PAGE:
Thursday 24 October 2013

Exhibitions - Time to Ring the Changes?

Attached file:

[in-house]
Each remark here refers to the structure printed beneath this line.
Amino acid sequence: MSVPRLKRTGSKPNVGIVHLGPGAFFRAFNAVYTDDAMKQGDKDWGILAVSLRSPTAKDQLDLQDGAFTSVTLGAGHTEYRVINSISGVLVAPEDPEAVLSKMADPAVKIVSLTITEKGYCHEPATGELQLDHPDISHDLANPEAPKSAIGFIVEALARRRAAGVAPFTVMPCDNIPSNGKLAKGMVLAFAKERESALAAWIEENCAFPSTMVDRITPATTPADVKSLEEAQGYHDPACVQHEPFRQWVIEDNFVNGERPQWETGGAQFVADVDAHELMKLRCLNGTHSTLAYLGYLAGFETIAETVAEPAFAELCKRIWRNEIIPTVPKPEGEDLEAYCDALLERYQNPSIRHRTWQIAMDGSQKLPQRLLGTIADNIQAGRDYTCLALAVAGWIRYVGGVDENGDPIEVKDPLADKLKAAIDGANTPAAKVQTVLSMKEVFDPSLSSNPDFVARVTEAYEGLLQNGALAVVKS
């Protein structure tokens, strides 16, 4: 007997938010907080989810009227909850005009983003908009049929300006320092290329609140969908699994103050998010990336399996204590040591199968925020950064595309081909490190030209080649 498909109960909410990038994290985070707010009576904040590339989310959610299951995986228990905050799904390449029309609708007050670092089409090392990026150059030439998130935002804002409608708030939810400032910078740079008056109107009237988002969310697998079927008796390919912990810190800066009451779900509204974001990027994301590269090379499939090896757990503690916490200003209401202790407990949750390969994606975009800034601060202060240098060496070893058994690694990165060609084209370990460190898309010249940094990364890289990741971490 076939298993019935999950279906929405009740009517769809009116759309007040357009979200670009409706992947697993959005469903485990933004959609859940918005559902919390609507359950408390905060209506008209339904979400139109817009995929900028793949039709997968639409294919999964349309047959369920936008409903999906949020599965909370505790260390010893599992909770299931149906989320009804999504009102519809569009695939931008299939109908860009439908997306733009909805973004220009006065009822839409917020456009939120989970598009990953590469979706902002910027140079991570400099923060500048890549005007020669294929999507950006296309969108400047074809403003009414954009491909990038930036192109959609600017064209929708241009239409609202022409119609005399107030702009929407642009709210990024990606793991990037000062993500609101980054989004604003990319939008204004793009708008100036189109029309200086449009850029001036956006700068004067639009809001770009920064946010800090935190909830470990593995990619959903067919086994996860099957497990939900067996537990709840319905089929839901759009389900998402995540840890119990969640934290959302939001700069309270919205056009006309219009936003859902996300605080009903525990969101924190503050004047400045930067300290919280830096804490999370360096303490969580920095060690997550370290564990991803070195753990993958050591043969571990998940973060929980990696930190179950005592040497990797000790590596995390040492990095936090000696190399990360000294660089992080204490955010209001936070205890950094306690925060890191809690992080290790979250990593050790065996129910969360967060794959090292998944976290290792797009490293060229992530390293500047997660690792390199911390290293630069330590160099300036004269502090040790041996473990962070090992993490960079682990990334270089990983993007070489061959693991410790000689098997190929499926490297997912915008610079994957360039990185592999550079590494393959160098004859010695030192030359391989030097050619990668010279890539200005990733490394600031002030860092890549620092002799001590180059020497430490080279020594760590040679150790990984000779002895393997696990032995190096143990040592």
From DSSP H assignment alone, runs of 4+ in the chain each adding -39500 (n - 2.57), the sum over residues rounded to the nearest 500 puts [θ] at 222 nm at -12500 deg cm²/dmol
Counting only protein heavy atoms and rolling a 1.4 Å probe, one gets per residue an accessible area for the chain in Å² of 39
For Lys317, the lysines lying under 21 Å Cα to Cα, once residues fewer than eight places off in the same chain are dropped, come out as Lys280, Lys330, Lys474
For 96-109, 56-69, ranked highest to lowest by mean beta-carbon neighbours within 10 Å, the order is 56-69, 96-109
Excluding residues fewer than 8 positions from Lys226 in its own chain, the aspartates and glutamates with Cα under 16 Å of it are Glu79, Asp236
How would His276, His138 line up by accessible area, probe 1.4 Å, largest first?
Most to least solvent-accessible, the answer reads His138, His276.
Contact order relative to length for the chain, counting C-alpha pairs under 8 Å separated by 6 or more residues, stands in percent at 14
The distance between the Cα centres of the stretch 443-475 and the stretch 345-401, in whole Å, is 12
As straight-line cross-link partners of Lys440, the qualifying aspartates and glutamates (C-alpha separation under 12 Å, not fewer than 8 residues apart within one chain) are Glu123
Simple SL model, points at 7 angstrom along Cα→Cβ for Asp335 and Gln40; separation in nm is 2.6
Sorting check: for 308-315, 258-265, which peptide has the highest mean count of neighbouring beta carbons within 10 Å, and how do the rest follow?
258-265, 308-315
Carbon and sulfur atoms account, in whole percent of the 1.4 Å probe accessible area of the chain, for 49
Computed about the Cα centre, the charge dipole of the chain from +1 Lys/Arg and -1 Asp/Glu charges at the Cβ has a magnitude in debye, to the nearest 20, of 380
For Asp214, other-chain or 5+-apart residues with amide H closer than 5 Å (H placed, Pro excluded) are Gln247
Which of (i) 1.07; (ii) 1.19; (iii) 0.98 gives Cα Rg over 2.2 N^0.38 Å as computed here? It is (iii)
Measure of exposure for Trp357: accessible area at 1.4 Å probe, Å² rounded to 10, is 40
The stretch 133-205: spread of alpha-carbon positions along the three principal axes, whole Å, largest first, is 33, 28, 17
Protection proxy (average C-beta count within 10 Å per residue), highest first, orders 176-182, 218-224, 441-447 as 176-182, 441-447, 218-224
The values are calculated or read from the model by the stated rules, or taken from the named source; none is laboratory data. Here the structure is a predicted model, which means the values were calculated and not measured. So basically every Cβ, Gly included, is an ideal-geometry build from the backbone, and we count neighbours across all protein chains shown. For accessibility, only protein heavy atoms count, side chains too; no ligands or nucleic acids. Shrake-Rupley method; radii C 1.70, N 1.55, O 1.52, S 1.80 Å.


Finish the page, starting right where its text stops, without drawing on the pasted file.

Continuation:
I have lost count of how many shows I have done since I launched huddle & Bliss at a consumer show at Excel in 2008. What I do know is that as a small family business the commitment is not only financial but logistical, emotional and damned hard work before and after. Following ExCel in February 2014 I have decided that huddle & bliss will take a break from doing our usual exhibitions and explore new avenues. It seems I am not alone! For over a year now I have been having second thoughts and misgivings about shows and exhibitions. It was one of my nagging ‘gut feel’ things which seems to have been reinforced during the course of 2013. This time last year I had already planned not to rebook Earls Court /Olympia – this decision was reinforced when we and many others had a dismal show at Earls Court! We tried a few alternatives throughout the course of the year. I have always treated exhibitions as a marketing cost, never under the illusion that I will necessarily walk away with an immediate profit on the day. From the beginning I saw the bigger picture – publicity, exposure , networking and meeting your trade and consumer market directly. Essentials, particularly the latter for solely online businesses like mine. But 6 years in I really can now say that with a couple of exceptions they have always left me feeling a little disappointed, even taking the follow up business into consideration. The most recent exception was our presence at the Conservative Party Conference. It was a late booking and was an amazing experience all round. A great opportunity to showcase our wares, ethos and British-manufacturing to a completely different audience. It has paid dividends. At our usual exhibitions the number of new exhibitors who have approached me at shows to ask ‘is this normal’ ‘how is it going for you?’ and expressing general disappointment has increased considerably in the last year or two. Many of these people have invested their life-savings, their redundancy money, or borrowed funds from family to pay for their stand. This is in contrast to the larger brands for who this type of expenditure is just small change. Small business cannot simply compete with them on any number of fronts. This leads me onto one of my qualms about these events: big brands. None, if any of these events offer a special small business package to cater to the needs and budgets of new start-ups and truly small business. Yes they may negotiate a little on optional extras like lighting and power, or reduce stand costs at the last minute rather than have empty space. But on the whole the little guys pay the same per square metre as the big guys. You will be enticed into rebooking a year in advance at a preferential rate when you haven’t even really seen the full outcome. My advice, don’t do it! Wait analyse the event as a whole, including the 3 month follow up and make an informed decision. Visitors to our stand have mentioned numerous times in recent shows, how disappointed they are that there are so many big brands present. As a consumer I too would be very unhappy to have paid a considerable ticket price to enter one of these events to be confronted with Mammas & Pappas, Marks & Spencer or Babies R Us or sometimes all three and more! When we chat to clients they tell us they go to this type of event to find niche brands and something different from the average generic high street that we all have access to on a daily basis. I do not deny that the events management companies have a very difficult balancing act to achieve. They need to fill the venue, they need to attract the right balance of exhibitors and need to attract a large and eager consumer audience. But I really am not sure that this is the way forward, certainly for huddle & bliss. I cannot escape the feeling that the independent exhibitors are being somewhat short-changed. For what I have spent on shows & exhibitions in a year I could have rented a local high street shop. And although I know they say the high street is dead, I am confident the overall takings would have been far greater. In fact the cost of a mid-sized stand at Earls Court for 3 days is slightly less than a years local shop rental. Add in your hotel, travel, subsistence and marketing costs and they are fairly balanced. In my experience, advance-purchase ticketed shows are better rather than free or pay on the door kind. Note, you will be told how many thousands of visitors to expect. As event managers struggle to achieve the necessary balance we appear to have seen a plethora of free tickets being distributed to this type of consumer show. This is certainly not the only reason why this type of show may be in decline, but it does seem to be a contributory factor that hits the exhibitor’s pocket too. Perhaps increasing the number of browsers and bargain-hunters rather than indie-seeking shoppers looking to buy on the day? Do not underestimate the amount of hard work that you will need to put into such an event. The preparation is far greater than loading your van or car if you are to make the most of it. As a small business or independent trader think also about the disruption to your family life – for me in the past it has been a logistical nightmare arranging childcare etc. In the first 2 weeks of October alone I was away from home 9 nights. Had I been doing Olympia (thankfully I am not!) I would be off again in a week or so for further 3. Many of you I know have set up yourself in hope of achieving a better work/life balance, so this is a big consideration. What do you think? Do they work for you? I would love to hear your comments via @sherryhornagold on twitter. I am not saying not to do them, but do give each and every exhibition a lot of thought and consideration. Don’t rebook a year in advance, analyse your post show sales first. Check out the ratio of exhibitors to visitors – a very important factor. The best show I have ever done had a low number of exhibitors but high visitor rate (simple maths). Check out the competition, particularly in relation to your own best sellers and the big brands– they will be able to offer prices you cannot match. Ask about advance ticket sales numbers as opposed to overall visitors. Finally remember there is only one thing worse than having a grim show – an event where everyone denies the fact, which in my experience is often the case…… Please feel free to comment and let me know about your experiences, ideas and thoughts! Sherry Small Business Owner huddle & bliss @sherryhornagold @huddleandbliss #exhibitions4smallbusiness